Wisconsin bland

Close to two years ago on this blog, in December of ’13, I wargamed the Republican nomination and decided it would come down to Kasich, Walker and Paul.  I got one third of it right.

What it Takes, by Richard Ben Cohen, is by far the best book written about Presidential campaigns.  The title is instructive.  It takes a lot, and not everybody has what it takes.  Rand Paul doesn’t believe in his own campaign.  He is not convinced, in his heart, that this is his moment and he is the man.  He’s fading fast, and the more he lashes out at Trump the faster he’ll sink.

Walker suffers from a Personality Deficit Disorder.  I was told two years ago by Wisconsin State Rep. Chris Kapenga that he would be seeking professional help, but there’s no sign of it.  He just gave a big foreign policy speech, at the Citadel, I believe, which was truly awful.  Reading haltingly off a teleprompter, he tried to be Churchillian, and looked like a doofus.  I just saw him on Meet the Press, and he’s the same dull washed out cipher he’s always been.

Steve Kaminski and Bill Schreck were two of my Alaska buddies from Wisconsin.  They resemble the Wisconsin politicians I’ve seen lately:  Kapenga, Walker and Ryan.  They’re all diffident.  They are a little bland, soft spoken.  They think it’s unseemly to draw attention to yourself.  Seeking the spotlight is disdained.  They’re great guys, but they’re not leaders.  It’s a Wisconsin thing.

Walker’s other problem is that he’s not that bright.  He agreed with Trump on anchor babies without really understanding the issue.  When someone on his staff explained the Fourteenth Amendment, and how the courts have interpreted it, he foolishly back tracked, unaware that a good legal argument can be made that Congress can statutorily interpret the Amendment in a way that eliminates anchor babies.  He looked bad not only because he flip flopped, but because he wasn’t sophisticated enough to see the correct political answer.

So I’m replacing Walker and Paul with Cruz and Rubio.  When Rubio announced he’d give up his Senate seat I knew he was a man to contend with.  That showed me some political courage, and good sense.  Anyone who wants to be a U.S. Senator for life shouldn’t be in the Senate.  And Don Juan, as I affectionately call him, has “it”, whatever “it” is.  People, women especially, like this guy.  He’s manly, but not macho.  He’s sincere, but not sugary.  He’s a Latino Reagan, and that’s the highest praise I have.

Rubio didn’t make my first list because he’s a junior Senator just in his 40’s, and new to the national stage.  Everybody likes the guy, but he needs seasoning, and our experience with Obama makes us gun shy with a one term Senator running the country.  He’s the obvious choice for VP, and when we win Florida he will have done his job for this cycle.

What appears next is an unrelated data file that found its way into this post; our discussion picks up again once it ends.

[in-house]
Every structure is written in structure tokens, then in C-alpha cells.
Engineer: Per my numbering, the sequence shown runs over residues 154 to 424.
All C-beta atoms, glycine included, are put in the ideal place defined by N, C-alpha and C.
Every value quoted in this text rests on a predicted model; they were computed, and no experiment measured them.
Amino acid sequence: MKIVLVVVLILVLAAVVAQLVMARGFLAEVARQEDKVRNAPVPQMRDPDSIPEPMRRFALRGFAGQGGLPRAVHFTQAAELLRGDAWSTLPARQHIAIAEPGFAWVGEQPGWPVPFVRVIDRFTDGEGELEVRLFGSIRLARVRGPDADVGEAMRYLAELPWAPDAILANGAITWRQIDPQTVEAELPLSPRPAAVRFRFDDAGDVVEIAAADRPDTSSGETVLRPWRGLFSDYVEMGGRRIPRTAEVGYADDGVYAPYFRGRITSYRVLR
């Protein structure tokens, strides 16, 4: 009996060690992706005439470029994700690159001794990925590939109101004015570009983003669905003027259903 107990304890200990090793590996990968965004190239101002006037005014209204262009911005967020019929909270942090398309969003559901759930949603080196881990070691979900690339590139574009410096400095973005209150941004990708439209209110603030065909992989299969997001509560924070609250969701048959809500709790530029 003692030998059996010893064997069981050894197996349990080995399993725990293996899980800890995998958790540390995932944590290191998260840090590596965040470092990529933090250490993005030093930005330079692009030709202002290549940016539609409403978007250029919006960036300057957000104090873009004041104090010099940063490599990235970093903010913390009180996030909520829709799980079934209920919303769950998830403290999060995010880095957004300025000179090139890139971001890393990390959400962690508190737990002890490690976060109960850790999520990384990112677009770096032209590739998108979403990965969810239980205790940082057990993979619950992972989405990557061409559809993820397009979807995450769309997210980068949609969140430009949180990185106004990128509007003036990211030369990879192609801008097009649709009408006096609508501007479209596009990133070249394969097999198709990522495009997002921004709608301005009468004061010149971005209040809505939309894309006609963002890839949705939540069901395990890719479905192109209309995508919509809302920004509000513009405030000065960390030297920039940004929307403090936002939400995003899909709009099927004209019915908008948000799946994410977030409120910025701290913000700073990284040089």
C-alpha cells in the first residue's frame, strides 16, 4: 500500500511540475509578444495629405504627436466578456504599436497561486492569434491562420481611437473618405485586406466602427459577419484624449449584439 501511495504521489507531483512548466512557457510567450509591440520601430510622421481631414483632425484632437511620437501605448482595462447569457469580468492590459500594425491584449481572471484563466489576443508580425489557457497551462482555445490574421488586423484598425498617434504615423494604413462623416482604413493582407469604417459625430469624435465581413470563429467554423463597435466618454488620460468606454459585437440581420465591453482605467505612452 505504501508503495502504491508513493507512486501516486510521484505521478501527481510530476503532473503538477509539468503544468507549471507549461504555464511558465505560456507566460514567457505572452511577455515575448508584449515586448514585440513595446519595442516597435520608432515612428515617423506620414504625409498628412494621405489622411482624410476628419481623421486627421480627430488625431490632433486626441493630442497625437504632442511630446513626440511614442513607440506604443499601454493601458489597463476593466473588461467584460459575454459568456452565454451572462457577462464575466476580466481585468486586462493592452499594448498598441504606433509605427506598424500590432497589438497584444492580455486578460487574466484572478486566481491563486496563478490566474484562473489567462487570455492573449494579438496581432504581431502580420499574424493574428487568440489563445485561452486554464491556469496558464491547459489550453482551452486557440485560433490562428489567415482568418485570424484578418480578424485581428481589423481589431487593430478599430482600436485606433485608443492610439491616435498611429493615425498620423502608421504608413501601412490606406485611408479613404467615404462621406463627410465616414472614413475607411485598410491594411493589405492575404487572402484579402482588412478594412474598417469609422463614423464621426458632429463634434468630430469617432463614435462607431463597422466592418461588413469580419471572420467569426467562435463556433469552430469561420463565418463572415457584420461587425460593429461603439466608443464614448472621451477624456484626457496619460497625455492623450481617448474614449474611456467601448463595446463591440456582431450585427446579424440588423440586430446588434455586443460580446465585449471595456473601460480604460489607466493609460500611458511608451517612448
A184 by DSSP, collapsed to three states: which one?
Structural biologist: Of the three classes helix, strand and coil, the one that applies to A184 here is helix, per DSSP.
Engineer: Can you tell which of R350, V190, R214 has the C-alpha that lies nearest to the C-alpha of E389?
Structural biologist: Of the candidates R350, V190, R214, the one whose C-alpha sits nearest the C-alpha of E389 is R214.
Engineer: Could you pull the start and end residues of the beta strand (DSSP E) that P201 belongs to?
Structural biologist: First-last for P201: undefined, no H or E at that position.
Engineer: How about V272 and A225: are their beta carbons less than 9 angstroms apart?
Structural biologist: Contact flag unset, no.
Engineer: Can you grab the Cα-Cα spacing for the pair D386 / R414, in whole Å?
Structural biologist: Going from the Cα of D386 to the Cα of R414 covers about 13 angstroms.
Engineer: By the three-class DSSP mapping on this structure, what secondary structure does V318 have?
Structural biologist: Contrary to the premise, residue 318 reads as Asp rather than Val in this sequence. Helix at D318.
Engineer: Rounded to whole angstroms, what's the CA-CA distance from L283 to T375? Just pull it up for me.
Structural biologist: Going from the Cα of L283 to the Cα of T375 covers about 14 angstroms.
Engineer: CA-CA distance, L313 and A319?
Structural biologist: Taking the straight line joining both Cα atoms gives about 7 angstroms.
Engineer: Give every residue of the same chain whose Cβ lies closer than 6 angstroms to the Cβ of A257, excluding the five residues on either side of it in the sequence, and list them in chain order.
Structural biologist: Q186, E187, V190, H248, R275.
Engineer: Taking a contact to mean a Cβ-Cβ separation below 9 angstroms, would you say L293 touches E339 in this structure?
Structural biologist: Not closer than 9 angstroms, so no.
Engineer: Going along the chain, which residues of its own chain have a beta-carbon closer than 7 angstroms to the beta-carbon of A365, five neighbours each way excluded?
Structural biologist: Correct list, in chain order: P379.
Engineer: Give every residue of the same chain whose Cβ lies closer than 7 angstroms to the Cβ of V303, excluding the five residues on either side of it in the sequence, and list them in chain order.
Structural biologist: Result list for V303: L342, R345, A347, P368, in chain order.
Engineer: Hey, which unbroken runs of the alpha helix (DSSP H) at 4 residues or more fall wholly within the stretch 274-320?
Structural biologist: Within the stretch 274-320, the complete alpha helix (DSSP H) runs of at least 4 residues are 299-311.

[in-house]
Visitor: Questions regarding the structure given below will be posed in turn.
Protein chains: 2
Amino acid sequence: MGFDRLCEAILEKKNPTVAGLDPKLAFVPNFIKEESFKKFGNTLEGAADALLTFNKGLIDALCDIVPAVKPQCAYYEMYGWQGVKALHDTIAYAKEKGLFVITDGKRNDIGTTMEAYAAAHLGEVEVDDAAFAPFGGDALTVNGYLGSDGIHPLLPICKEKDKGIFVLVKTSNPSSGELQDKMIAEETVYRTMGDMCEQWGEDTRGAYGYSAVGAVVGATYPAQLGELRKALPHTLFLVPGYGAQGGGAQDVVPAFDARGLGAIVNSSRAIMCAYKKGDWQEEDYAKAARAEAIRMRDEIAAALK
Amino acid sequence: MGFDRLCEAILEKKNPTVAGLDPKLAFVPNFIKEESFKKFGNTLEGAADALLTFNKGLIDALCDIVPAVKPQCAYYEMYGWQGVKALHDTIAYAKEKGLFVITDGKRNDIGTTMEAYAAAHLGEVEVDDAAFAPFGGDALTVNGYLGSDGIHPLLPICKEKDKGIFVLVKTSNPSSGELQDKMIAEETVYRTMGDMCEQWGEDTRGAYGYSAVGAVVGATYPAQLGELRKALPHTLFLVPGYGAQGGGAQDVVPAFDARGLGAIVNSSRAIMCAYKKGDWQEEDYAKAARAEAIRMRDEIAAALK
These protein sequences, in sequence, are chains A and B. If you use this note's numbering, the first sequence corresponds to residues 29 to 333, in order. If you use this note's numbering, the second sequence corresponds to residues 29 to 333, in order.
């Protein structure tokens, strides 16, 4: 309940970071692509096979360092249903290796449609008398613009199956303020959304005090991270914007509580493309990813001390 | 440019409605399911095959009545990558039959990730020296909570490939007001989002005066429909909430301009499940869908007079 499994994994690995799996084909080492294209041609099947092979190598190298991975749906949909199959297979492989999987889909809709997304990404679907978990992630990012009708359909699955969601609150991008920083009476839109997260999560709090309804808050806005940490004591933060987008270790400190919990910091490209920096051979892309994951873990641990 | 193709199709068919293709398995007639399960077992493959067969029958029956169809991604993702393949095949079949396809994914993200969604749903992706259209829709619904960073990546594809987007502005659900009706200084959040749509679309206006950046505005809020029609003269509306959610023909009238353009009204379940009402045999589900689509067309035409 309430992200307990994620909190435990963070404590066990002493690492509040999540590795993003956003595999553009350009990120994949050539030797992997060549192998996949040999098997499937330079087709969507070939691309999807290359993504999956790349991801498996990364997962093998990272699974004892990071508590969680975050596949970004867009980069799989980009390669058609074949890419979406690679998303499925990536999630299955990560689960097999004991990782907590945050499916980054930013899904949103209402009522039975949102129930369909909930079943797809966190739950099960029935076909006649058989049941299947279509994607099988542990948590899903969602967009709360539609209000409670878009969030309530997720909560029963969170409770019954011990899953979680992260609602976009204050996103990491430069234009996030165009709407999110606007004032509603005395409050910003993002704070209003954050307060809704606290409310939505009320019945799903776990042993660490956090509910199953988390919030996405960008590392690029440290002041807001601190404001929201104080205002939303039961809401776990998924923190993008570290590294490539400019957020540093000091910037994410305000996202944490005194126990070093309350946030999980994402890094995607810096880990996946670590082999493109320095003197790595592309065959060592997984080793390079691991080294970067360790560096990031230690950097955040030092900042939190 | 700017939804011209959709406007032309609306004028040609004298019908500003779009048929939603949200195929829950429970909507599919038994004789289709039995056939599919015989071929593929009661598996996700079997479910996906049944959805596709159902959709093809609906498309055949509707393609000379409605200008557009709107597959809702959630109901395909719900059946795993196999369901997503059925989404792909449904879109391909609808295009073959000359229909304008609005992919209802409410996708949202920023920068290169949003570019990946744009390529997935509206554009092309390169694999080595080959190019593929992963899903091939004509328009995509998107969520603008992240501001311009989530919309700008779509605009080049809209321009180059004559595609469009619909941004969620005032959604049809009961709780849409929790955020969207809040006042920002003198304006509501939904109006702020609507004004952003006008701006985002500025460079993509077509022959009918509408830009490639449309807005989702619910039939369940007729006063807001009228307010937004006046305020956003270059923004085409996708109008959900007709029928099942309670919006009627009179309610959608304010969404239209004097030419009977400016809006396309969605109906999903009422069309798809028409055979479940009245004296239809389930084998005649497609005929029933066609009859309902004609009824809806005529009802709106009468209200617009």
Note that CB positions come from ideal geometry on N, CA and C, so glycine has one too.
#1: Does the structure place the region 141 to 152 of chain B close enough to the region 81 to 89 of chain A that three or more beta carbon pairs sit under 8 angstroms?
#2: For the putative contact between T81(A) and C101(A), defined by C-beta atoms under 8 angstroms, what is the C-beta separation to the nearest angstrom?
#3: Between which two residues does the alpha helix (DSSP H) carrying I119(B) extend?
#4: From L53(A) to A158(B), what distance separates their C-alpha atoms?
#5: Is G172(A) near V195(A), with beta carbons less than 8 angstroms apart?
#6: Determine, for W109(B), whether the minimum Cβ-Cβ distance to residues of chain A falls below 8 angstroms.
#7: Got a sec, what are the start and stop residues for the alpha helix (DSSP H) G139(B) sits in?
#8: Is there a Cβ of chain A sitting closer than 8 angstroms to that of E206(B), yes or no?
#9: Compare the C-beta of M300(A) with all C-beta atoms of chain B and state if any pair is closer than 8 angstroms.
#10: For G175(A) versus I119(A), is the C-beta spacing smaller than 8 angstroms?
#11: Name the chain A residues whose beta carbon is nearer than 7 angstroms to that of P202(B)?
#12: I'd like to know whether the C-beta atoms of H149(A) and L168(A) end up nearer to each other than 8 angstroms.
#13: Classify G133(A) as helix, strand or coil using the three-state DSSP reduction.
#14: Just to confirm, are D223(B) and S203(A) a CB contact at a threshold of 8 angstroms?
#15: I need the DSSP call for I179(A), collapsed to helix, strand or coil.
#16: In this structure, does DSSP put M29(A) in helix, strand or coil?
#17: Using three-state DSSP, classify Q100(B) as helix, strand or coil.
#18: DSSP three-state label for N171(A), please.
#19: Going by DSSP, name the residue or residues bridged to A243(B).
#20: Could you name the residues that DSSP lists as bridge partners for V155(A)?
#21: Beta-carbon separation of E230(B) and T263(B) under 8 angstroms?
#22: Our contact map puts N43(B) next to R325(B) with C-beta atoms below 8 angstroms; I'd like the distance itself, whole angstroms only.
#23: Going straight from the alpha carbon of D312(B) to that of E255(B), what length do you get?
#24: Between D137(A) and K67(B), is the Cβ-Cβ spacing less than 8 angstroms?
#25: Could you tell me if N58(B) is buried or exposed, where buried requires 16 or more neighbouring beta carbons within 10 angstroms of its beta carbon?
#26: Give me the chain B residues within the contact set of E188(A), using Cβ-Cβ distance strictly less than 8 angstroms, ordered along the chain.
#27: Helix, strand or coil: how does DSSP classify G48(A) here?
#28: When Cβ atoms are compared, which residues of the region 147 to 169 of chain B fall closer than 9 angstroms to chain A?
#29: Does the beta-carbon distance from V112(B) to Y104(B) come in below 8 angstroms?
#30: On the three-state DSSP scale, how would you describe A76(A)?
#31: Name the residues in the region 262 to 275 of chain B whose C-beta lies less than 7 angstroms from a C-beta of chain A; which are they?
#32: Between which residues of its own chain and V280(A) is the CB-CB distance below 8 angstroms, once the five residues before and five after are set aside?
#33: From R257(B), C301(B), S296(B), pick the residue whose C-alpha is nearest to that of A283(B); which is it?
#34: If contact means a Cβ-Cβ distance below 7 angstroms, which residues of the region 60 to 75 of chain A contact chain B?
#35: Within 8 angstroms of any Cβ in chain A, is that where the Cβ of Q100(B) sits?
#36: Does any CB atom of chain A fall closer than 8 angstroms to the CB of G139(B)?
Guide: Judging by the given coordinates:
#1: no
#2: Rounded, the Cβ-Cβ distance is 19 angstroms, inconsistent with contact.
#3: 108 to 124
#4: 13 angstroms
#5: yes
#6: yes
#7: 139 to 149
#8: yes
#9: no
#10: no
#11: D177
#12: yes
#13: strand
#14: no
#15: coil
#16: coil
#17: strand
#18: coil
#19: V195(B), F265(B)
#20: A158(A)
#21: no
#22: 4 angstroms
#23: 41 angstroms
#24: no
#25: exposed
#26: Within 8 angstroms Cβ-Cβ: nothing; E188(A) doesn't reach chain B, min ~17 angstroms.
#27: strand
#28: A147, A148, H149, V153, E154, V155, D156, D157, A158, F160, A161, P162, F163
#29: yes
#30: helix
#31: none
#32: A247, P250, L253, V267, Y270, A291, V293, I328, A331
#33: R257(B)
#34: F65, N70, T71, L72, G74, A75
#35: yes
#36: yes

I have trouble warming up to Cruz, but he’s shown me something in the last few weeks, in the way he’s dealt with Trump.  He and Kasich have done it perfectly, and it’s extremely important that they did.  As I get to know the Tribe of Trump in the commenter section of AT and elsewhere, he is the one Republican they might accept if the Donald bails.  Like everyone else, Texas Ted figures Trump will crash and burn, and he’s setting himself up as Trump’s fallback candidate.  Tricky business, but if he pulls it off he will have demonstrated the kind of political skill that wins the White House.  Inviting Trump to his anti-Iran Treaty rally was very smart, as was Trump’s acceptance.

Another knock on Cruz is his lack of executive experience.  But Trump’s rise may mean the qualifications game is different this cycle.

But I really don’t like Cruz.  I think it’s because I can’t detect one shred of humility in this guy.  He’s the guy in the tux on the wedding cake, just like Dewey.  A buttoned down, robotic, tightly wrapped figurine of a man, as spontaneous and joyful as a mannequin.

Sometimes you wonder if writing a blog is a waste of time, and then, this morning, on the editorial page of the Queen, I find validation.  Mo Dowd, one of the Queen’s chief lieutenants, and the liberal arbiter of the politically chic, referred to Jeb! as Jeb!  My heart fluttered.

I have arrived.

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